Investors are starting to come back around to PayPal Holdings (NASDAQ:PYPL) after a disappointing second-quarter earnings report sent the shares tumbling around the middle of last year. PayPal saw its adjusted revenue growth accelerate to 19% year over year in the third quarter, so there is good reason to be upbeat about the company's near-term prospects.   

Also, investors have been concerned about the pending expiration of the operating agreement with eBay and its impact on PayPal's revenue this year. However, management disclosed during the third quarter report that the absence of eBay will only ding revenue growth by one point in 2020, which seems to be way less than investors had feared. 

The stock has been climbing higher since the third-quarter earnings news. With investor concerns over the eBay headwind fading away, the stock could continue marching higher in the new year if the company continues to report momentum with user engagement across its payment platform. Here's how PayPal can keep that momentum going.

A folded dollar bill in the shape of an upward trending arrow.

Image source: Getty Images.

PayPal enters cruise control

PayPal reports several numbers in its earnings releases, but the one that is very important to its future success is transactions per active account, which is a measure of user engagement. When asked by an analyst on the third quarter conference call about what drove the acceleration in revenue last quarter, here is how CEO Dan Schulman responded: 

Our net new active [customer accounts] and our engagement are really beginning to kick in and starting to drive incremental growth in our revenues. We had records in net new actives for the third quarter, almost 10 million. You've got [transactions per active account] going up again by another 9% to 40 times a year. Just those couple of things are really starting to put more and more acceleration in.

It certainly appears that PayPal has started to reach a tipping point. It expects to end 2019 with about 304 million customer accounts when it reports fourth quarter earnings on Jan. 29. That wide reach has gotten the attention of merchants who want to tap into that base of users. There are now more than 23 million merchants offering PayPal at checkout, which is a mid-teens percentage increase over the year-ago quarter. 

The impact of PayPal's increasing brand ubiquity is seen in how merchants are starting to position its checkout button online. Schulman said, "Given the scale we have now, merchants are putting us into more and more prime positions of presentment."  

In other words, merchants don't see PayPal as simply a checkout product, but a powerful brand that can pull in more customers. When customers see that PayPal button, they know they can check out with ease and security. The tightening relationship with merchants and customers should continue to be a growth driver this year.

The Honey acquisition makes PayPal more powerful than ever

PayPal just completed a $4 billion acquisition of Honey Science that adds another key catalyst for increasing user engagement in the short term. Honey is a popular online shopping tool that allows its 17 million monthly active users to discover deals when shopping online. It currently works with 30,000 online retailers, including big ones like Amazon.com and Nike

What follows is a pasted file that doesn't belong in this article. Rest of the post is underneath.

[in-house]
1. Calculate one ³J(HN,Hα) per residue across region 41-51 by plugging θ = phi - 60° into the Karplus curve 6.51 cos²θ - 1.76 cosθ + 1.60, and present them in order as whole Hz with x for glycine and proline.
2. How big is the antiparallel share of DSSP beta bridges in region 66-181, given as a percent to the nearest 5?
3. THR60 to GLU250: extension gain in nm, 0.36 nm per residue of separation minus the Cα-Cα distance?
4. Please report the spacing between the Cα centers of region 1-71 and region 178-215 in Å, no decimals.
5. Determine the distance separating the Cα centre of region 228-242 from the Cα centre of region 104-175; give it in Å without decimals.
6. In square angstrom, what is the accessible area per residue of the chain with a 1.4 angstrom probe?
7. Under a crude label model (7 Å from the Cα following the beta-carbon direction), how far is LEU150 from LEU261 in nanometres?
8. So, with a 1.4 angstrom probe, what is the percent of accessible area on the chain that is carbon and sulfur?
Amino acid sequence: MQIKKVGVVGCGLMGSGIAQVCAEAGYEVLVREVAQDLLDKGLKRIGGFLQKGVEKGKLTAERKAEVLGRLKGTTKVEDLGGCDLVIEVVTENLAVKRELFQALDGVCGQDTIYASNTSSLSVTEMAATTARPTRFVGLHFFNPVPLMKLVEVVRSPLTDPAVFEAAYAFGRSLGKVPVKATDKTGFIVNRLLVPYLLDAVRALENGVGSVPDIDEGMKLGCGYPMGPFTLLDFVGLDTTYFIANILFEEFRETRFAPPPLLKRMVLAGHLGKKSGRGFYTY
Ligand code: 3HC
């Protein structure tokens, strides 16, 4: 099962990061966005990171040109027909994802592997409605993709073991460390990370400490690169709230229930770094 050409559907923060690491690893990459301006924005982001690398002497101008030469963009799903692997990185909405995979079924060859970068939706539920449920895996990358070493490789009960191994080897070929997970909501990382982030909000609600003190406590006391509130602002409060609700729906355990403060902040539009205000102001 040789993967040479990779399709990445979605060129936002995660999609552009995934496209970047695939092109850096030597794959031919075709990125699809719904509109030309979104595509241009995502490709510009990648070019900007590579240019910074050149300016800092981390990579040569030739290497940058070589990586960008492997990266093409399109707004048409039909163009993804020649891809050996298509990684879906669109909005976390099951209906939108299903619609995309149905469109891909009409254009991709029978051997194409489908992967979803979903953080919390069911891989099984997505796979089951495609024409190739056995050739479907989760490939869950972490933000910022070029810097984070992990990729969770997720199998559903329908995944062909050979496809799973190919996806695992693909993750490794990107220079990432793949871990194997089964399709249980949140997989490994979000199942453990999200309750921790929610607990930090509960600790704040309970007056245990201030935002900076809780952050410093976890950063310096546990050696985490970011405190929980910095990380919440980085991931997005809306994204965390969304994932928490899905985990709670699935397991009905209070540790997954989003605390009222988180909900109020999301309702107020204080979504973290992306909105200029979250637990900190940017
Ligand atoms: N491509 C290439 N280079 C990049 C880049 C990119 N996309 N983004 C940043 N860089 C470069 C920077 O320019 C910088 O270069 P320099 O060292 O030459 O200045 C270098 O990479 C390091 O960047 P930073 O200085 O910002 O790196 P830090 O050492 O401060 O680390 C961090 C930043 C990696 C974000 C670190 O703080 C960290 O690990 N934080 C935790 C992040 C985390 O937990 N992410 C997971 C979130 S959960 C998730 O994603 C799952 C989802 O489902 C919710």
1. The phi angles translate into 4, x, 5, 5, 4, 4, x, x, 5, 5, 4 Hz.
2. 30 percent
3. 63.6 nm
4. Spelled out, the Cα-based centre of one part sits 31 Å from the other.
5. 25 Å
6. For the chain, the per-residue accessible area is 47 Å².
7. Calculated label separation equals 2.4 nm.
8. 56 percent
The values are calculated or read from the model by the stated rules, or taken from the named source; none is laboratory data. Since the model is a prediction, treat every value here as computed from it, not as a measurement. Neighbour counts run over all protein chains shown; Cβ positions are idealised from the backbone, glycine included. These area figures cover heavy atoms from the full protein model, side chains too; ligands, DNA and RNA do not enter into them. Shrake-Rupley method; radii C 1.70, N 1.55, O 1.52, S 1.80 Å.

Obviously, the integration of a powerful shopping tool like this across PayPal's 300 million base of users could be game-changing for PayPal's growth. But there are also advantages on the merchant side of things.

Honey should strengthen PayPal's ability to win over more merchants that are looking for ways to increase conversion at checkout. There's no better way to increase conversion than to tell customers that not only is checking out with PayPal easy, but it also saves you money.

A laptop displaying the Honey browser tool searching for deals while a woman's hands rest on the keyboard.

Image source: PayPal Holdings.

The Honey deal puts PayPal in such a powerful position in e-commerce that even Amazon tried to convince Honey users during the holiday season that the tool, which works as a browser extension, was a security threat and should be uninstalled "immediately." The Honey extension has worked on Amazon's site for a long time, so it's interesting that Amazon decided to let its customers know about this supposed security risk after the deal with PayPal was announced. 

The marriage of a ubiquitous online payment platform like PayPal and a discount-discovery tool like Honey could have a significant effect on user engagement. It's easy to see why Schulman called the deal "among the most transformative acquisitions in PayPal's history."  

What to watch

PayPal will announce its fourth quarter earnings results on Wednesday, Jan. 29 after the market close. If PayPal delivers a better-than-expected quarter, it will likely be credited to positive trends in transactions per account. Investors will also be very interested to know about the plans to integrate Honey, and what specific impact management expects the acquisition to have on its near-term operating performance.

Management's preliminary 2020 outlook, which was issued before the acquisition of Honey, called for revenue to be up about 17% year over year, which includes the one-point decline from the eBay transition. Adjusted earnings per share are expected to increase between 17% and 18% over 2019. 

The stock is richly valued, but more above-average growth this year should justify the premium.